"Whatever [Major League Baseball] says they would like to have happen," said Heyward. "If I can go and give thanks to the fans by showing up, then I would like to. If MLB says we respect what the Braves want for Jason and they want him to rehab and play some games before he comes back, then I'm hoping to do that also."
After injuring his thumb, Heyward started 38 of the next 39 games played by the Braves. Even though he hasn't had an at-bat since Friday night, he still exited Turner Field on Monday night feeling some discomfort.
"I haven't been banging it up or making it worse," Heyward said. "But it does still hurt, and I do still feel the pain in it."
The inability to grip a bat with his left hand has severely hindered the left-handed slugger's production. In the first 46 games of his career, he hit .301 with 10 homers, 35 strikeouts and a 1.017 OPS.
During the 99 at-bats he totaled in his past 25 games, he hit .172 with just one homer, 33 strikeouts and a .507 OPS. Heyward believes his struggles are a product of the mechanical adjustments he made while attempting to play through the pain.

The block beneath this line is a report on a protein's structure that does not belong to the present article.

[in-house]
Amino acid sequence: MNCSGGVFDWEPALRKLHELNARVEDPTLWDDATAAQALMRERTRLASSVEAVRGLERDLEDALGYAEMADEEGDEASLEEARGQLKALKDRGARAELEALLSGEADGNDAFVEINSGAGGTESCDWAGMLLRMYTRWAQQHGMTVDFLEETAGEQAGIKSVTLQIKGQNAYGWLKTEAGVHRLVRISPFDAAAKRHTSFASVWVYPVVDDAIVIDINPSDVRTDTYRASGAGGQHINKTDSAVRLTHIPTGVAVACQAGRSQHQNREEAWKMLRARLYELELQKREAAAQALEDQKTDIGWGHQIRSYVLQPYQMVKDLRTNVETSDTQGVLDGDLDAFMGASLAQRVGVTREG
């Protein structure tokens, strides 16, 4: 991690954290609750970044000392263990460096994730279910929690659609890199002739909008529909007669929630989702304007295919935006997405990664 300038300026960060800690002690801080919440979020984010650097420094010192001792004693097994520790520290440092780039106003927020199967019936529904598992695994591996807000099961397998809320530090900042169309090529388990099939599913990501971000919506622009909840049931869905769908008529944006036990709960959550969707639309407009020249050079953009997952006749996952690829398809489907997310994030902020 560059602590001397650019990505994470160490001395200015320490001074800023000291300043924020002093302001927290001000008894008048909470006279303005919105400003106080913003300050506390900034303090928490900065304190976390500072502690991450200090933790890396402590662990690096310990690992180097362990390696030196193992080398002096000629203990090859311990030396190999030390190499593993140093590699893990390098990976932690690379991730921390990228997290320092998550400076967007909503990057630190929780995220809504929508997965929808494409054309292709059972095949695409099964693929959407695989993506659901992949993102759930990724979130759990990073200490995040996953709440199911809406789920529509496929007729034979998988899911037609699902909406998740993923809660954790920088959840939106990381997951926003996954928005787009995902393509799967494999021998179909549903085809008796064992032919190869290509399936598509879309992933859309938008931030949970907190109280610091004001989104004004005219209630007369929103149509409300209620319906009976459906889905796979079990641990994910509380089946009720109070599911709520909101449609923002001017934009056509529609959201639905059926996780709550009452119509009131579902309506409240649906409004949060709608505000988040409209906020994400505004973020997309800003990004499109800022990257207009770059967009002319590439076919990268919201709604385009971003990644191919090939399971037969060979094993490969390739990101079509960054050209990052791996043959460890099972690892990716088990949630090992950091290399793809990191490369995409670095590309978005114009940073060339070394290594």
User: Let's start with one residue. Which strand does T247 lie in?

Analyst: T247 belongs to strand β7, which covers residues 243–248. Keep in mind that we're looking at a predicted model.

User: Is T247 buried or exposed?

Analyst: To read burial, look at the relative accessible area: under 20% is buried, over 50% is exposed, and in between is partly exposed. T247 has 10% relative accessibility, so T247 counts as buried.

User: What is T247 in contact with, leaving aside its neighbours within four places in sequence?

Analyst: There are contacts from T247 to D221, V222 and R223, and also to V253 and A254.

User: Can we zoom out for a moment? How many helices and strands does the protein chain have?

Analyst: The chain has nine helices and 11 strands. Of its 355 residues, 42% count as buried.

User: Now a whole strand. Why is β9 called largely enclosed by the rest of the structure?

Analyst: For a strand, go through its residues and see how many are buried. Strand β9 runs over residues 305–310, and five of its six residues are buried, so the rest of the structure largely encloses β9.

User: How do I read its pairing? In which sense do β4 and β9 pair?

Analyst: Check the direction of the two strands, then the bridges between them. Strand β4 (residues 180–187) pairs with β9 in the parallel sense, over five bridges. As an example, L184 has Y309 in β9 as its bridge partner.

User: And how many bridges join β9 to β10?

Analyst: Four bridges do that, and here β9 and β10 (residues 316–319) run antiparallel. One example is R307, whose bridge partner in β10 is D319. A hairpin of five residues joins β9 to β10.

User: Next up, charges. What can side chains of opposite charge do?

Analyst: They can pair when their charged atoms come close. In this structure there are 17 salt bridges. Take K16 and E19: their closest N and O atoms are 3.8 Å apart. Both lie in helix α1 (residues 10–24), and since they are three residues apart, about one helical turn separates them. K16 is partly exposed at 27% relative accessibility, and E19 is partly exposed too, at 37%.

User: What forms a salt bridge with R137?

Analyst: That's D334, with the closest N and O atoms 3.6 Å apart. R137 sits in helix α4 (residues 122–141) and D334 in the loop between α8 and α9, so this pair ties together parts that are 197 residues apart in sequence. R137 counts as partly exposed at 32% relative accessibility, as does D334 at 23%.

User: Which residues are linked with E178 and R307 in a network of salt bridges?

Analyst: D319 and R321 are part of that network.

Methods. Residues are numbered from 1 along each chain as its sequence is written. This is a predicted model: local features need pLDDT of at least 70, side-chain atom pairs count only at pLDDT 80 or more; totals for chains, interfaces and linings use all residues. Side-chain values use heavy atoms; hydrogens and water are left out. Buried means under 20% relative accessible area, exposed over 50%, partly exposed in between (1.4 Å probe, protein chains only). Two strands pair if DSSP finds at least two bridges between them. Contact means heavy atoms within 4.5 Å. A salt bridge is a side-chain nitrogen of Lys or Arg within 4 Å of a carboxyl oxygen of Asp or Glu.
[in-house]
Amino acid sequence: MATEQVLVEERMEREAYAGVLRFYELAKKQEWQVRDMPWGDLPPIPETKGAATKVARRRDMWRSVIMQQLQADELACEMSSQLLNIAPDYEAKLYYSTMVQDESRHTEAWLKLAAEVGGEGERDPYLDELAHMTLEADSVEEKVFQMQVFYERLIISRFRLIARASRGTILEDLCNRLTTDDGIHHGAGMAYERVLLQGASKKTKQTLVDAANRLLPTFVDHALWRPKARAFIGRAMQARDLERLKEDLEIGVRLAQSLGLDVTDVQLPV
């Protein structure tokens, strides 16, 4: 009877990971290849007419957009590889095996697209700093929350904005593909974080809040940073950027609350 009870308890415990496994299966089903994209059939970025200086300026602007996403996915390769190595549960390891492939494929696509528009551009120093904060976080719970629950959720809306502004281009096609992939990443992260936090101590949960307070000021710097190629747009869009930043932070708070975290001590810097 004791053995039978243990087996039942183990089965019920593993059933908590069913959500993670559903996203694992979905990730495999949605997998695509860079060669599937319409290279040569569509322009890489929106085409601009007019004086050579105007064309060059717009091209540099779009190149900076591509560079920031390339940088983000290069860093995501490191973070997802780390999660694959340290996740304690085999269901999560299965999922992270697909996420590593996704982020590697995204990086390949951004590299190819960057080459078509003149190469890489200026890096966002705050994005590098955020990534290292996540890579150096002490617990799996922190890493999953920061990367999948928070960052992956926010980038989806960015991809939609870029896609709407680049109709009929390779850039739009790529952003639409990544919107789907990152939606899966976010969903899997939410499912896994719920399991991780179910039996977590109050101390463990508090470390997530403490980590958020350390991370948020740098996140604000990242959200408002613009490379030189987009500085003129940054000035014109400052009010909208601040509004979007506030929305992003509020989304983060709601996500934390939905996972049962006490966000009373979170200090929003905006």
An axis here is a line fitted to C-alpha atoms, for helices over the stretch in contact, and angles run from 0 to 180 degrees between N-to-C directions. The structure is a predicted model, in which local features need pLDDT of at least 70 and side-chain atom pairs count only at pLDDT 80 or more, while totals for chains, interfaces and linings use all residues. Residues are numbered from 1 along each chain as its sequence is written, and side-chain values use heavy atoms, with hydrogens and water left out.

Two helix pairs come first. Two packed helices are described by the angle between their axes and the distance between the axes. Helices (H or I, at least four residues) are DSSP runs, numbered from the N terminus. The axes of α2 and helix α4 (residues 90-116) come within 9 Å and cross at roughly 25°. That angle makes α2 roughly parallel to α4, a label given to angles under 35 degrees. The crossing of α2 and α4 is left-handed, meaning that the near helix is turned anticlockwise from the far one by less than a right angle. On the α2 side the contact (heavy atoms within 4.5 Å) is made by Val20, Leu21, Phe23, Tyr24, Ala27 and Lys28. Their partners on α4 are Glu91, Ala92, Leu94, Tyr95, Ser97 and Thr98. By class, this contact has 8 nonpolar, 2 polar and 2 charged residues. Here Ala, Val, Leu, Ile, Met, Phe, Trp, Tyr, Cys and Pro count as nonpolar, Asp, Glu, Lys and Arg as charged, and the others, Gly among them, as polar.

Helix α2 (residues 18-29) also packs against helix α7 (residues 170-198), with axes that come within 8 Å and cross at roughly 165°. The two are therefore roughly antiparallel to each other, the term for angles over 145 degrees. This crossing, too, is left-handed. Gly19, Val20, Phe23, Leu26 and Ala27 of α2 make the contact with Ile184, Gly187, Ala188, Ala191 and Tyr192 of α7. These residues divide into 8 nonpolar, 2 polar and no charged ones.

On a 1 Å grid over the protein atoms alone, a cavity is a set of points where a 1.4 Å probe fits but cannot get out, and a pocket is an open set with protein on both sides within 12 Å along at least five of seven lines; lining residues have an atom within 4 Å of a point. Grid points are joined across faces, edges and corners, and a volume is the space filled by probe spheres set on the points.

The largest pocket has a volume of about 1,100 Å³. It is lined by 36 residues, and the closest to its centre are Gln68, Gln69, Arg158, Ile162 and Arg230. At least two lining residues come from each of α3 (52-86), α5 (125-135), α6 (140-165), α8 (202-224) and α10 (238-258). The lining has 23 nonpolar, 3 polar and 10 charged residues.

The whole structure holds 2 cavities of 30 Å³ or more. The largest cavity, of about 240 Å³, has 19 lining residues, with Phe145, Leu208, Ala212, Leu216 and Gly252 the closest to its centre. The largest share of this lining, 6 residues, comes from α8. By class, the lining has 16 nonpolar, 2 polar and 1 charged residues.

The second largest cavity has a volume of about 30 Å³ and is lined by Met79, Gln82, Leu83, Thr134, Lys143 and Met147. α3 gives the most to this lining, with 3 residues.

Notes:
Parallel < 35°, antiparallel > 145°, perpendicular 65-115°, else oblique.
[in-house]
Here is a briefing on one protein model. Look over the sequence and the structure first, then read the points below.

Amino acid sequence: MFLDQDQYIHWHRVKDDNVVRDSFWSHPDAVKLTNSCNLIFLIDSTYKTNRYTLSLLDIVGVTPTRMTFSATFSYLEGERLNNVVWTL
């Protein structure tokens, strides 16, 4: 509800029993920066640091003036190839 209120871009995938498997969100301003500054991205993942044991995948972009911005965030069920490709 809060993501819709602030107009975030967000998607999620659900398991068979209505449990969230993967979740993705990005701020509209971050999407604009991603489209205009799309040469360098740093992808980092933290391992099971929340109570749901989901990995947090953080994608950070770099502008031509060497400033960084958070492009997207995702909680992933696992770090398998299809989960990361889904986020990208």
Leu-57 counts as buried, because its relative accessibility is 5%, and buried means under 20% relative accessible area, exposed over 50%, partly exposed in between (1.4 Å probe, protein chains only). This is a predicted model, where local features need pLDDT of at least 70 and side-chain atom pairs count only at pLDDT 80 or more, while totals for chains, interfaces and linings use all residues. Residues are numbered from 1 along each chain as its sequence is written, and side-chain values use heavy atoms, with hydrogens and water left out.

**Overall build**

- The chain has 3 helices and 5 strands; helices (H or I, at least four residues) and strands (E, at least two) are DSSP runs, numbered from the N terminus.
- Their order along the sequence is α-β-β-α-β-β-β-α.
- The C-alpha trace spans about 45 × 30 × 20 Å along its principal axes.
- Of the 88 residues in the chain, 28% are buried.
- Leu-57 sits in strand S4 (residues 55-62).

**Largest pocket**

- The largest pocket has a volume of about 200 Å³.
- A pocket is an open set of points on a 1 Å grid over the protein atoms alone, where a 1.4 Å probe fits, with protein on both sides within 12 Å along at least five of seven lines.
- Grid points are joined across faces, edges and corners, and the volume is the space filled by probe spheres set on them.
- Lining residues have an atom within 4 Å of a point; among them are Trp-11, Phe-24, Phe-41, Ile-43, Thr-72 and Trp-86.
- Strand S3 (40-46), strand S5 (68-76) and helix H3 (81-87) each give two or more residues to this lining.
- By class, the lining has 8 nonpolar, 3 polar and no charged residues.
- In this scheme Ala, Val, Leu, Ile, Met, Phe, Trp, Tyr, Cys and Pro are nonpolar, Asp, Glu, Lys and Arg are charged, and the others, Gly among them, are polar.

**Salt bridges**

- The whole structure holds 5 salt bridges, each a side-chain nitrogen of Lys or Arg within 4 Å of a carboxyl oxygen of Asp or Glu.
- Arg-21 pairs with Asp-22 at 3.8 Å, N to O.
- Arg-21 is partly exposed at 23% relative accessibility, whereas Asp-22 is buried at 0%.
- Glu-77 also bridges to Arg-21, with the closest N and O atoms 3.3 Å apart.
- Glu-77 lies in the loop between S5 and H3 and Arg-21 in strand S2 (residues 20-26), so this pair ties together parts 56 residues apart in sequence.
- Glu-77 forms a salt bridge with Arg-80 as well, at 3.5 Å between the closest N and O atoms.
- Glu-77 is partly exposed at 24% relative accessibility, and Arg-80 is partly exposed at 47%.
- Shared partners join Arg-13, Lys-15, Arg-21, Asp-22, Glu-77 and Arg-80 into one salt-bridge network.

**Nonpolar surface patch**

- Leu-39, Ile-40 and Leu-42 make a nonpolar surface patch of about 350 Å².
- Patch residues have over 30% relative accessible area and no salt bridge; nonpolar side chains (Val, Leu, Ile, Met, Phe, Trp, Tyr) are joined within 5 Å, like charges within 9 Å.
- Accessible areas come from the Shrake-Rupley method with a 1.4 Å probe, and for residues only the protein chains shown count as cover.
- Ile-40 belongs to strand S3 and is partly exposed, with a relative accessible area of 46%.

"This is not a step backward," Heyward said. "It's going forward."
Kawakami to 'pen when Jurrjens returns
ATLANTA -- Kenshin Kawakami will be going to the bullpen when Jair Jurrjens is activated from the disabled list in time to start against the Nationals on Wednesday night. Braves manager Bobby Cox made this announcement after Monday night's win over the Nationals.
Jurrjens has been sidelined since April 29 with a strained left hamstring. While the Braves have told him he will not be 100 percent the remainder of this season, the 24-year-old right-hander said he realized improvement after each of the three Minor League rehab starts that he made this month.
The decision to move Kawakami to the bullpen wasn't too surprising. The Japanese right-hander, who is owed a little more than $10 million through the end of the 2011 season, went 1-9 with a 4.48 ERA in his 15 starts this year. His lone win came on Saturday, when he limited the Tigers to two hits and one run over seven innings.